HONG KONG MONITOR 2 April 2021

2 april 2021

Beijing took another step towards assimilating Hong Kong politically over the monitoring period  (26 March – 1 April), when China’s National People’s Congress (NPC’s) Standing Committee endorsed a plan to reduce the number of opposition politicians able to be elected to Hong Kong’s Legislative Council (LegCo). Meanwhile, the Hong Kong government added another layer of opaqueness to conducting business in the territory when it announced that it would tighten access to the Companies Registry. The register is a critical repository of information on trading companies, including details on directorships and owners. By restricting access on the type of searchable information, it will elevate transparency concerns and corruption risks for businesses with current or future interests in Hong Kong.

In public health and safety, friendlier days are ahead in the travel and business environments following recent developments. The Hong Kong government lifted the temporary distribution stoppage of the Pfizer-BioNTech vaccine after an investigation revealed defective packaging with some vaccine batches. The vaccine will roll out again from Monday (5 April). Elsewhere, the government also relaxed some restrictions for international travellers from low-risk countries. Those travellers will be subject to fewer days quarantine days.

In local political and security developments, a Hong Kong court delivered guilty verdicts to seven leading pro-democracy politicians and activists on charges of unauthorised assembly during protests in 2019. While the verdicts were anticipated, it sends out a stark warning to the pro-democracy movement, dissuading them from engaging in any activities deemed a threat to the government. Internationally, Hong Kong can expect sharp criticism and possible sanctions from foreign governments, likely soon after sentencing on 16 April. Hong Kong and Beijing’s response to any punitive measures elevates political risks for foreign operators in the territory.

 

GEOPOLITICS AND LOCAL IMPLICATIONS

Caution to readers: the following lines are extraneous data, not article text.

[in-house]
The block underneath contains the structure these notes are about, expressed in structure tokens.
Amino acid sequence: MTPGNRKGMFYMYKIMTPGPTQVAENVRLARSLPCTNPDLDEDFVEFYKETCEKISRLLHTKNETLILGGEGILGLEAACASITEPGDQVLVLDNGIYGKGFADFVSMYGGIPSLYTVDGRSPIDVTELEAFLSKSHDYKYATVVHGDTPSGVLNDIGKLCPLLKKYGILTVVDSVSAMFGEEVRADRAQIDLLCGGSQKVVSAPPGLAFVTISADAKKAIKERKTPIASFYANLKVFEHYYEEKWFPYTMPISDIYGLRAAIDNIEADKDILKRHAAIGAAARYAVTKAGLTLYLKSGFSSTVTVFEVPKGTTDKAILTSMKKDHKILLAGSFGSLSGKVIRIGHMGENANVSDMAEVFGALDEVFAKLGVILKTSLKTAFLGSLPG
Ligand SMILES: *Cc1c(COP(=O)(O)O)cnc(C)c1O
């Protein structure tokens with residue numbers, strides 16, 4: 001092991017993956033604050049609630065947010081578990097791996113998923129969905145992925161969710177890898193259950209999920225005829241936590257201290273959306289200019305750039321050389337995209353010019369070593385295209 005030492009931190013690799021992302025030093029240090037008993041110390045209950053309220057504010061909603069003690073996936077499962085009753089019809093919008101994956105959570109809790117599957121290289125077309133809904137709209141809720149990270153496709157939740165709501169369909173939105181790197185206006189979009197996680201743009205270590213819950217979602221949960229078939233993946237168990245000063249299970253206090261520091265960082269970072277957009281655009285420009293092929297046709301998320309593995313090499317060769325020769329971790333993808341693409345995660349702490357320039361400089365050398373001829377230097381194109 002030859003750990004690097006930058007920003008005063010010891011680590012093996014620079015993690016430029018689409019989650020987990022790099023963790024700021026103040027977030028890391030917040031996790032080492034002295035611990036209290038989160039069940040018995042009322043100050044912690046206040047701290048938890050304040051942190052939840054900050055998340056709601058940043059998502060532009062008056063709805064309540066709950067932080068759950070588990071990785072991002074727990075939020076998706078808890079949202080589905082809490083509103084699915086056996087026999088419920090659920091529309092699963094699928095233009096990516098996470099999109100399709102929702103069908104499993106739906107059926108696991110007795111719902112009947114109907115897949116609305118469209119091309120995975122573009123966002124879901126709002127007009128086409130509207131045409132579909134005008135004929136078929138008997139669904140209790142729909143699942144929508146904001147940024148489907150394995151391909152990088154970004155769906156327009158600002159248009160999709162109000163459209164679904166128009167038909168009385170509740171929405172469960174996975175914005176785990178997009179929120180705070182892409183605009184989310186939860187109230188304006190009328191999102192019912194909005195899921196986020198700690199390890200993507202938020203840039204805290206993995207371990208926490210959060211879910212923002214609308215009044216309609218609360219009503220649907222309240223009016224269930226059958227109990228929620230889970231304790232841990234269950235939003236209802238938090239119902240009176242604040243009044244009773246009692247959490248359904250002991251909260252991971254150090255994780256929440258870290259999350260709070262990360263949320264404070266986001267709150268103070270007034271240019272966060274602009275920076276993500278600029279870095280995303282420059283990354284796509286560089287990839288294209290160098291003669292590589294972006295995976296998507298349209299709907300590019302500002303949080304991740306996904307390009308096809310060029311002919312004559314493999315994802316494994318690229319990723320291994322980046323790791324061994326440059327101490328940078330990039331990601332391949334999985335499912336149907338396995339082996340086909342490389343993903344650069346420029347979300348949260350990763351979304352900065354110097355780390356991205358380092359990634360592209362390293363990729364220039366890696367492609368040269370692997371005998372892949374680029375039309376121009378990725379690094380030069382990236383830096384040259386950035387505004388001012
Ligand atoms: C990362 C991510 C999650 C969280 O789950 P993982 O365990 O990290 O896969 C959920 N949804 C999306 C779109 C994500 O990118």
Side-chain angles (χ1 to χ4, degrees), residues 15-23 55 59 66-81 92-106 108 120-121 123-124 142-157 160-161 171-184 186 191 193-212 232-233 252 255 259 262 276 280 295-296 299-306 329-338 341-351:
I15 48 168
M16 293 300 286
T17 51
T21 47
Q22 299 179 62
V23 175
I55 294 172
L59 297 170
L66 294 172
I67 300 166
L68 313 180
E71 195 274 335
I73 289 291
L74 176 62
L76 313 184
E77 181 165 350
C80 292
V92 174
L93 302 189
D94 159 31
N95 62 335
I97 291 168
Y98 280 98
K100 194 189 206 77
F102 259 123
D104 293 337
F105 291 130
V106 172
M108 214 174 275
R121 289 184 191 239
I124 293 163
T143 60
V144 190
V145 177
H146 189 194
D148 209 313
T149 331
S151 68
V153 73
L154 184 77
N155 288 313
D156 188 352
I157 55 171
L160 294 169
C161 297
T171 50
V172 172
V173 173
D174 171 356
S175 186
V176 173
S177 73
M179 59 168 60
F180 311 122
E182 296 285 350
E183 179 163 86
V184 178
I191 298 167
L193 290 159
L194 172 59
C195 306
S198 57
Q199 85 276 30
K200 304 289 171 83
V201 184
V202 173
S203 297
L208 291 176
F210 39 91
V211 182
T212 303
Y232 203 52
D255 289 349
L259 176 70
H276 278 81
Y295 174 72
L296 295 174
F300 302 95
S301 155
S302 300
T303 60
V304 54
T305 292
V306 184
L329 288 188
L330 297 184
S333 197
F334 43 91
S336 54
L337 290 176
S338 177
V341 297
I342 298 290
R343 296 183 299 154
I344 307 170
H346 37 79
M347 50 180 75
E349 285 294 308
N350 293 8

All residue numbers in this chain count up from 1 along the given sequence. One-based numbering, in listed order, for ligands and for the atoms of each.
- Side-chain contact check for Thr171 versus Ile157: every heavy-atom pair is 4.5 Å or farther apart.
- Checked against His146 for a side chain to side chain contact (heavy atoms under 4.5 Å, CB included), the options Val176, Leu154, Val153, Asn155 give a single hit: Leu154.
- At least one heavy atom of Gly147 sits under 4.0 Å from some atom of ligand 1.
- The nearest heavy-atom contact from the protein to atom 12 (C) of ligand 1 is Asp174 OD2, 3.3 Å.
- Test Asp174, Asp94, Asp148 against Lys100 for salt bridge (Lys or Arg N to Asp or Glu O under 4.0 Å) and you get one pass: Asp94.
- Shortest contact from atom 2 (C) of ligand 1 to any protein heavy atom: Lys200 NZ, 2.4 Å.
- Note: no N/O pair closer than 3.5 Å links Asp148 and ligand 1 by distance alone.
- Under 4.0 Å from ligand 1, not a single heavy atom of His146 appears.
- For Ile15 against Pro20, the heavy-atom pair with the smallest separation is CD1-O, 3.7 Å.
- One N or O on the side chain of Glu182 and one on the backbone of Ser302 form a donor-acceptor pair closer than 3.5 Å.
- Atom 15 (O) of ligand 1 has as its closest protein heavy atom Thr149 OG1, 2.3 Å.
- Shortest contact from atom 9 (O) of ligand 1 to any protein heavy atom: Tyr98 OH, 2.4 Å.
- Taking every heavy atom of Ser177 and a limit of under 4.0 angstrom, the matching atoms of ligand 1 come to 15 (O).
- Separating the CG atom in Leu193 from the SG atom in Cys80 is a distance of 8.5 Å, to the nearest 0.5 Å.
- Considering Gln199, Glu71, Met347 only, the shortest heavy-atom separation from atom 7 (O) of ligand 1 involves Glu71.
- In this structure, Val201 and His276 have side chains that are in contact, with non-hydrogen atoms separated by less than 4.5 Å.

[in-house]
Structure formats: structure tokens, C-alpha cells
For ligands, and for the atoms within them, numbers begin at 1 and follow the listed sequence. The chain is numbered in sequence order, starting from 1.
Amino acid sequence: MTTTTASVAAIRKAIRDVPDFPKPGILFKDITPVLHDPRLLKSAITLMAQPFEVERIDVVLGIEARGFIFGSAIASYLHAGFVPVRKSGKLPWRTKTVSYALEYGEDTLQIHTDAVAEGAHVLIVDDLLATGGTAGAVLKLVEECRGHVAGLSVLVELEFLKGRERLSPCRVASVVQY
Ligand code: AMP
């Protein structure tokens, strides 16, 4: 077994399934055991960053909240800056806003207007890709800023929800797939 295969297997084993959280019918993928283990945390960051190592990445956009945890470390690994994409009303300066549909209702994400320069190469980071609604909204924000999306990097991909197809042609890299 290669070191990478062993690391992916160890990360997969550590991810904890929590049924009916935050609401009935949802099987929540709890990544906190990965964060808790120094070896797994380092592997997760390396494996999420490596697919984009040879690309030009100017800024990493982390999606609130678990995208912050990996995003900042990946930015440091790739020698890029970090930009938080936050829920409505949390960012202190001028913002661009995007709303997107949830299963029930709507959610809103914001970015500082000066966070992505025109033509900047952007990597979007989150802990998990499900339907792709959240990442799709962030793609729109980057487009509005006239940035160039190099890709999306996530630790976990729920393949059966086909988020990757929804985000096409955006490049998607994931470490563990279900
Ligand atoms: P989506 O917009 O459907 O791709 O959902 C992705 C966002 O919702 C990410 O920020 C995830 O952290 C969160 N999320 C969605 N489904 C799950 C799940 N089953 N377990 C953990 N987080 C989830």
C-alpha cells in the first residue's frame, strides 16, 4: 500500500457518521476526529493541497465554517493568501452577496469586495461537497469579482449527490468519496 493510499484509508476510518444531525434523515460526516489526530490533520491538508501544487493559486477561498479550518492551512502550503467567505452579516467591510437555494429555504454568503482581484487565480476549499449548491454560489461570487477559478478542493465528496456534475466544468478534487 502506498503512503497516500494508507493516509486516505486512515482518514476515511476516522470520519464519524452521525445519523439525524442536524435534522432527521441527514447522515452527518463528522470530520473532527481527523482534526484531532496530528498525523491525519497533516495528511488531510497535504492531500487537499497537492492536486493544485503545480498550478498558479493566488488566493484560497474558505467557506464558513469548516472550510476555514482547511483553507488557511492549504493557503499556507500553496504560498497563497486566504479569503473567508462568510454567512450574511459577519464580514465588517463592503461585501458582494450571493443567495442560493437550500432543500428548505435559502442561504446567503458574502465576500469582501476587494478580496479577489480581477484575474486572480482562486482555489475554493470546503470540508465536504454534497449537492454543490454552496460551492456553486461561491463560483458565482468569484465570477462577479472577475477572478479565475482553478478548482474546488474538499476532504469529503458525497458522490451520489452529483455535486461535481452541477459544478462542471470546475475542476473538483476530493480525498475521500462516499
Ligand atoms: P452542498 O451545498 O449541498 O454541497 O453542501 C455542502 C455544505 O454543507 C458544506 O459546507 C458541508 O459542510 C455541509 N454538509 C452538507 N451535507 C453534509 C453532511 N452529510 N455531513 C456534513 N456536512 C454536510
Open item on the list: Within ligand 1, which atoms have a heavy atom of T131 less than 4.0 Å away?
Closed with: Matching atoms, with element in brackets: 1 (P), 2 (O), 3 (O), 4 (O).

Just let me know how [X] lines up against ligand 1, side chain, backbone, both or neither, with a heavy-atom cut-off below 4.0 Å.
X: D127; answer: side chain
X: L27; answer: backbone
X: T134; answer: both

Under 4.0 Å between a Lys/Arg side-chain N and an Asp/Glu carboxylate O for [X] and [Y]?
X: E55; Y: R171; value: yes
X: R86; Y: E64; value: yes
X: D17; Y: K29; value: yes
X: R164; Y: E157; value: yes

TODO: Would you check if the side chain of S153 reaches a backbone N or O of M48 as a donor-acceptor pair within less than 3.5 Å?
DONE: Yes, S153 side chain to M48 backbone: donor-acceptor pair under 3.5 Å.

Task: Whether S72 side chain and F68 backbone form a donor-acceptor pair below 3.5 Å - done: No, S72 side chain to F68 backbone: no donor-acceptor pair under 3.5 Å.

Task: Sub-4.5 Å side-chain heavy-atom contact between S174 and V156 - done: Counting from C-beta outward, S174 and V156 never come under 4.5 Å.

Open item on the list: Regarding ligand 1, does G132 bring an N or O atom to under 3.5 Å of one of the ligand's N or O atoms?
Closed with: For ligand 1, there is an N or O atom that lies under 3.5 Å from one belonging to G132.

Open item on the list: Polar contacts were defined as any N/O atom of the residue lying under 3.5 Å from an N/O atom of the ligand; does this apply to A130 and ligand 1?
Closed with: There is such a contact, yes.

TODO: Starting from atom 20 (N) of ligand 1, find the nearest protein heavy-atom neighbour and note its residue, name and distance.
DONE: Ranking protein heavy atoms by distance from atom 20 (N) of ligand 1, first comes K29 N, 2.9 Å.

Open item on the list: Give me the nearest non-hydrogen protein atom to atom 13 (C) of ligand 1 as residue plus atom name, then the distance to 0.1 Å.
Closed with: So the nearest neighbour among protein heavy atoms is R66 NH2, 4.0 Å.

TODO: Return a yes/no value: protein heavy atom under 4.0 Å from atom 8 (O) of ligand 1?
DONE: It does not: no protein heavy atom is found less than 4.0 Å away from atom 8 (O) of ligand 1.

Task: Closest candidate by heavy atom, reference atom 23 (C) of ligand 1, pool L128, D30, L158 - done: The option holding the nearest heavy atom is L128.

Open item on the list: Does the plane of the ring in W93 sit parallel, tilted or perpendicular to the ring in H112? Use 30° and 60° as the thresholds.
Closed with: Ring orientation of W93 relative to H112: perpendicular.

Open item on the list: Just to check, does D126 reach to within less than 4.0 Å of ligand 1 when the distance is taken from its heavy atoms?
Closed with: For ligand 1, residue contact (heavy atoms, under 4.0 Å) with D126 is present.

On Tuesday (30 March), the NPC’s Standing Committee unanimously endorsed plans that will effectively end any meaningful opposition presence in Hong Kong’s Legislative Council (LegCo), the territory’s de facto parliament. Following the earlier detention of scores of elected opposition politicians and activists, Beijing’s decision to reduce the number of directly-elected seats in LegCo from 50 per cent to around 20 per cent and give wide-ranging powers to the body responsible for elections was widely anticipated. 

Local media on 30 March also reported that the Hong Kong government would, with immediate effect, greatly restrict public access to company directors’ personal data held on the Company Register.

While the further restriction on political activity is certain to draw international condemnation from mainly democratic countries, most foreign commercial interests will have anticipated Beijing’s well-signalled action and prepared for a further deterioration in ties between China and the West. The implications of any restriction of access to the Company Register, clearly intended to prevent journalists from researching individuals in the local business community, are likely to have a more immediate operational impact if they prevent due diligence and other legally required fiduciary checks.

The government remains opaque over who may gain access to all relevant data held in the Company Register, but any indication that investors, law firms or professional investigatory agencies are denied key information will further erode international confidence in Hong Kong’s role as a key global financial and commercial centre.

Possible candidates in future Hong Kong elections will be vetted by a special national security unit within the territory’s police force before being further vetted by two committees to confirm their ability to participate in polls. The changes form part of sweeping reforms to Hong Kong’s electoral system included in a new version of the Basic Law’s Annexes 1 and 2 approved by China’s legislative body on 30 March.